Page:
Skip to main content

Robert Koon mixes myth with the challenges of sustainable forestry

Robert Koon’s latest play takes the audience to the far North, where a writer meets a tree-sitter. The play references one of the great world myths, where the father of the gods, Odin, hung himself on the World Tree to gain knowledge.

Mirror Stage presents "Odin’s Horse" as their first fully staged production in more than a decade. In keeping with the theater’s mission to inspire dialogue about important issues, they will hold post-play discussions and Community Forums following the Sunday matinees from now through Nov. 11. Among the themes to be explored are storytelling, Nordic mythology and the challenges of sustainable forestry. Learn more at the company’s website.

We contacted playwright Koon to ask how fairy tales can spark conversations about modern day issues.

You were inspired by environmentalism and Norse mythology when writing "Odin’s Horse" — what is the dominant theme in the play for you?
That there is a cost to the way we live our lives, and that we often neglect that fact. There is a cost to success, there is a cost to advancement, there is a cost that is paid to simply live in 21st-century America, and we are often far too cavalier about spending our resources. There is a cost to the way we live our lives. Our resources are limited, and if we are not careful in how we use them, the reckoning will come sooner rather than later.

Another related theme is how we are all connected—when we take things, we are taking them from someone, from something. Our actions do not take place in a vacuum. There is an inherent self-centeredness in so much of our lives—who pays for that?

Fairy tales and legends have been popping all over in pop culture recently, from TV shows to successful book series. What do you think is inspiring this recent interest in these oral traditions?
A lot of these stories were ways for people to arrive at some understanding about things in their lives that were difficult for them to grasp. They were a way of taking experience and giving it meaning.

We live in a world of ambiguities, and these myths are very clear—there is good, there is evil, and there is a clear path between the two. That’s a comforting idea, in a time when we might not see our own path that clearly, and it is seductive. The fog of everyday life makes the illusion of simple clarity very attractive.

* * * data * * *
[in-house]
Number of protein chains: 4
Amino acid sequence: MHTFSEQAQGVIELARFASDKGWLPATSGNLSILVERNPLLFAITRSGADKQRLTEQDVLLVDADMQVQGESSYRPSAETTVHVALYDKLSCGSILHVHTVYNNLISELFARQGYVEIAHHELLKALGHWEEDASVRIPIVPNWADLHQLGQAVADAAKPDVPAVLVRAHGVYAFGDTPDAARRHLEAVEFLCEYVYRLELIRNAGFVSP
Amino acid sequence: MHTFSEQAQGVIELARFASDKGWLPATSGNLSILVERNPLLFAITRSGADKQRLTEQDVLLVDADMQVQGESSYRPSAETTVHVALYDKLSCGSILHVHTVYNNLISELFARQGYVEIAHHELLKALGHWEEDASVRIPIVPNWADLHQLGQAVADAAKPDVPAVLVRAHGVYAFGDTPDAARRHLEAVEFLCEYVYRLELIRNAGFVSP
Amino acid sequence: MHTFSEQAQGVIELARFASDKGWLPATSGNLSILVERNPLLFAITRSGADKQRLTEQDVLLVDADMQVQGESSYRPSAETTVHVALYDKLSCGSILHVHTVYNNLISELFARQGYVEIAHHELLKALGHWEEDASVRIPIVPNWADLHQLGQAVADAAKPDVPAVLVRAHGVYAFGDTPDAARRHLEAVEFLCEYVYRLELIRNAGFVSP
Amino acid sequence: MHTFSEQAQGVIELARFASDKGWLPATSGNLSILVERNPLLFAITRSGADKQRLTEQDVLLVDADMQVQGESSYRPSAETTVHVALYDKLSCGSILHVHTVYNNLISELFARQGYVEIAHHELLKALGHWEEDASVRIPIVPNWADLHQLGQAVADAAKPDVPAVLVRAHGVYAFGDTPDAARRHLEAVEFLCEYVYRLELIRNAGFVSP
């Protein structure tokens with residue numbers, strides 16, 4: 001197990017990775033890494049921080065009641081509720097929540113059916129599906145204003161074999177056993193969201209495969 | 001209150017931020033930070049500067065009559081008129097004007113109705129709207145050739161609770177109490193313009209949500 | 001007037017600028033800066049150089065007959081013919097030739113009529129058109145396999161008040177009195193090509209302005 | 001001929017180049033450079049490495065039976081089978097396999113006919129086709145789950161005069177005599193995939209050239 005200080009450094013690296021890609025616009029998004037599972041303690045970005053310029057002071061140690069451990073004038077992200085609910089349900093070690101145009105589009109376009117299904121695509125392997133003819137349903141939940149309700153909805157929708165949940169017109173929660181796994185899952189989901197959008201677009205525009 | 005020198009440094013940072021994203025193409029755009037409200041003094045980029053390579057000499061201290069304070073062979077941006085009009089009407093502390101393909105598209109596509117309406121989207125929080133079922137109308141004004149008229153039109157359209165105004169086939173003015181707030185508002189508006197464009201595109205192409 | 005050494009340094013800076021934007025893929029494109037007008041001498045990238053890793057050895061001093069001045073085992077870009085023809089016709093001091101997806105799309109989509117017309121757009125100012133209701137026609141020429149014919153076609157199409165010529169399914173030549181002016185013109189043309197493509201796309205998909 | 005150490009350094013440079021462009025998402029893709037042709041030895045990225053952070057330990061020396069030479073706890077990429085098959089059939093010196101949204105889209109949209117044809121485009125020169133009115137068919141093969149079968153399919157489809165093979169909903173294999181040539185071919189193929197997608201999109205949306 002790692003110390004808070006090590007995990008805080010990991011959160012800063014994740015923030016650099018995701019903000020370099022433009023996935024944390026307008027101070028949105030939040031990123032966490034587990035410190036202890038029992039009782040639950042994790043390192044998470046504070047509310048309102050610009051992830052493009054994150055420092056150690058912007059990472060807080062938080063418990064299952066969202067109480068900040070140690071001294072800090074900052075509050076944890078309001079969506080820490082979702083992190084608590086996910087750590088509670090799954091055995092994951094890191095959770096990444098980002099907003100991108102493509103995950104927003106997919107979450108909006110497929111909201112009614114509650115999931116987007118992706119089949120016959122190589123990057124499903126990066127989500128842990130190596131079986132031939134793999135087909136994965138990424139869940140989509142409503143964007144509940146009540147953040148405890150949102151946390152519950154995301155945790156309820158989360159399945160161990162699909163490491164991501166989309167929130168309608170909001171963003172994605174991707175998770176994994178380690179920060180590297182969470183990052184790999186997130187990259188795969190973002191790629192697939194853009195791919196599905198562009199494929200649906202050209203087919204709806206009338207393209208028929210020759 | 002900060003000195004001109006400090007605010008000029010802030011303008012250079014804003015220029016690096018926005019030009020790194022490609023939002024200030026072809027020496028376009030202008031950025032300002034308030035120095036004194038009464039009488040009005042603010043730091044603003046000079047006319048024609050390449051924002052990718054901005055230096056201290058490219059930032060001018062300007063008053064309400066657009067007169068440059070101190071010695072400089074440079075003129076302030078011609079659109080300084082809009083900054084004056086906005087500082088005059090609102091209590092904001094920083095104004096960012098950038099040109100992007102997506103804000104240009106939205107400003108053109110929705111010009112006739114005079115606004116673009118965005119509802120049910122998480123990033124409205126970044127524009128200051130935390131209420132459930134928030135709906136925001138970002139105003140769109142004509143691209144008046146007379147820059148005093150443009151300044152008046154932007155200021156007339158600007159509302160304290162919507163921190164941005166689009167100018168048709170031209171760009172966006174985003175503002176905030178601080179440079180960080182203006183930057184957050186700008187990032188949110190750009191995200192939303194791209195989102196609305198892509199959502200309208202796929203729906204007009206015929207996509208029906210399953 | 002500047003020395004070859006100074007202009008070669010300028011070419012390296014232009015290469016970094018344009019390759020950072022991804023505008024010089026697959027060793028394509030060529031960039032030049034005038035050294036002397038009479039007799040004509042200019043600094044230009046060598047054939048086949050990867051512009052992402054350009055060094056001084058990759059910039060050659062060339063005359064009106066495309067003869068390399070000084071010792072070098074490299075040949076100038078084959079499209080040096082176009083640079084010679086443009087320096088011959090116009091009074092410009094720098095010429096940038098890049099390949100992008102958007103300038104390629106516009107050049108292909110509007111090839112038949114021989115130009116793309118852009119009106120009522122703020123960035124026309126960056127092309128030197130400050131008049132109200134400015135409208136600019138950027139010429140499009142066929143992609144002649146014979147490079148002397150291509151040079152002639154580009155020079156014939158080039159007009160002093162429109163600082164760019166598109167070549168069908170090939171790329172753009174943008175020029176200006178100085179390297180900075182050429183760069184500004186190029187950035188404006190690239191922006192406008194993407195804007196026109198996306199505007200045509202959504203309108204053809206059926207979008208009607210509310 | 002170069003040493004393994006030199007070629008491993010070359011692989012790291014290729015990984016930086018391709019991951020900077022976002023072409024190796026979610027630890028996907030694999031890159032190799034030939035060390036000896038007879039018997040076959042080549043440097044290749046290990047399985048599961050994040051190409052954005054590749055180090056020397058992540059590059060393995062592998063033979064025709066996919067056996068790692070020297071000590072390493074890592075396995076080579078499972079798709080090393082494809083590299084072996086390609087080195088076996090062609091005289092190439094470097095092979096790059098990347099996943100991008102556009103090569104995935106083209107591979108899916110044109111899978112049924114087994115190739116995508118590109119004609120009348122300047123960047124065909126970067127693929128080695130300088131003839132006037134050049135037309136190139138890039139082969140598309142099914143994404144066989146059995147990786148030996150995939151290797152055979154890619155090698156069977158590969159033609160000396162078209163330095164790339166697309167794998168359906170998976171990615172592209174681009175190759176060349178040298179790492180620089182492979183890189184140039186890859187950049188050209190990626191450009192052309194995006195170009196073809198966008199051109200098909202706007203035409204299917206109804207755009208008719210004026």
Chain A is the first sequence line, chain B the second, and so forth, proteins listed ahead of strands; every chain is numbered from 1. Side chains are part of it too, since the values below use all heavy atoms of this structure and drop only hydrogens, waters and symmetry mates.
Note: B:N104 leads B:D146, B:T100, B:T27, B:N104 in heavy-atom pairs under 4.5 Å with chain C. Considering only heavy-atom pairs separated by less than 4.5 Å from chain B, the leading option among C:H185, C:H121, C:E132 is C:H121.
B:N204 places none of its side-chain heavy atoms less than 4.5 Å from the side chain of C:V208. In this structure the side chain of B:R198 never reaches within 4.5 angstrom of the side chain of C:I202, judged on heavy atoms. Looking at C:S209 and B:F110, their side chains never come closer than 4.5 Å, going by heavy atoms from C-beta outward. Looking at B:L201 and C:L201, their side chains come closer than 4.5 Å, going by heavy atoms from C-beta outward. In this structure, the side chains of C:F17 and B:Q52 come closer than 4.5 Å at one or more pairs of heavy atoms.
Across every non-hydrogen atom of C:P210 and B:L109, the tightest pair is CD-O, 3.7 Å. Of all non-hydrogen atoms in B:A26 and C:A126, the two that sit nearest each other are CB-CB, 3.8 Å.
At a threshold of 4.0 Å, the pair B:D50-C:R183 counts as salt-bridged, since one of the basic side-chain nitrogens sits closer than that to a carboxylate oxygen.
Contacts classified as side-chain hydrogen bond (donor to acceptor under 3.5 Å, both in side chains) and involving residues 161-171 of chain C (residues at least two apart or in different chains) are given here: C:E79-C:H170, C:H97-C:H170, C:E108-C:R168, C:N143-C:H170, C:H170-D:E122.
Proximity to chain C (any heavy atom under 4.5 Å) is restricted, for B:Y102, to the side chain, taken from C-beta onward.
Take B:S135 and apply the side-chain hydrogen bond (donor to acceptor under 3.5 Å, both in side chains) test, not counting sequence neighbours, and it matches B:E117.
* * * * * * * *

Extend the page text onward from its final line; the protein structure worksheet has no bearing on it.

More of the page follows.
Character is fairy tales and legend are always active in creating their own fates, and we like to think that we can do the same, especially in a world where we are all subject to being treated as commodities. A commodity is used by others, a hero takes action. We all want to be the hero of our own story.

How can stories like Odin hanging from the world tree speak to today’s audience?
I think the idea that a supremely powerful being would willingly undergo an ordeal, would actually be the instrument of his own suffering, in order to gain something is a powerful statement to a world where the powerful seem to feel that they can simply take what they want.

Odin, the powerful, the Father of the Gods, still bears the cost of getting what he wants. I find this in marked contrast to those in power who look for their own gain and yet expect others to bear that cost.

We all need to be conscious of the necessity of sacrifice to attain our goals—in our careers, in our relationships, in our communities, in our nation. There is a cost to what we want in the world, what we want to have, what we want to be. It is necessary that the ones with the power to take focus on their ability to give.

In the post-play discussions, what is the question you hope the audience will ask?
“What can I do?”

I don’t say that because I think that the question is going to get answered for anyone in the post-play discussions, or maybe even that the question should be answered for anyone. I say that because that is the question I want people to take out of the theater with them—not in a despairing, throw-up-your-hands way but in a way that acknowledges that there are things we can all do, that large problems are usually solved by many small actions, that there are things we can do that will go toward creating the results we want to have. The shift in perspective from “What’s in it for me?” to “What can I do?” is huge.

We are all connected, and shifting our focus from what we can get to what we can give will make us all richer in the long run.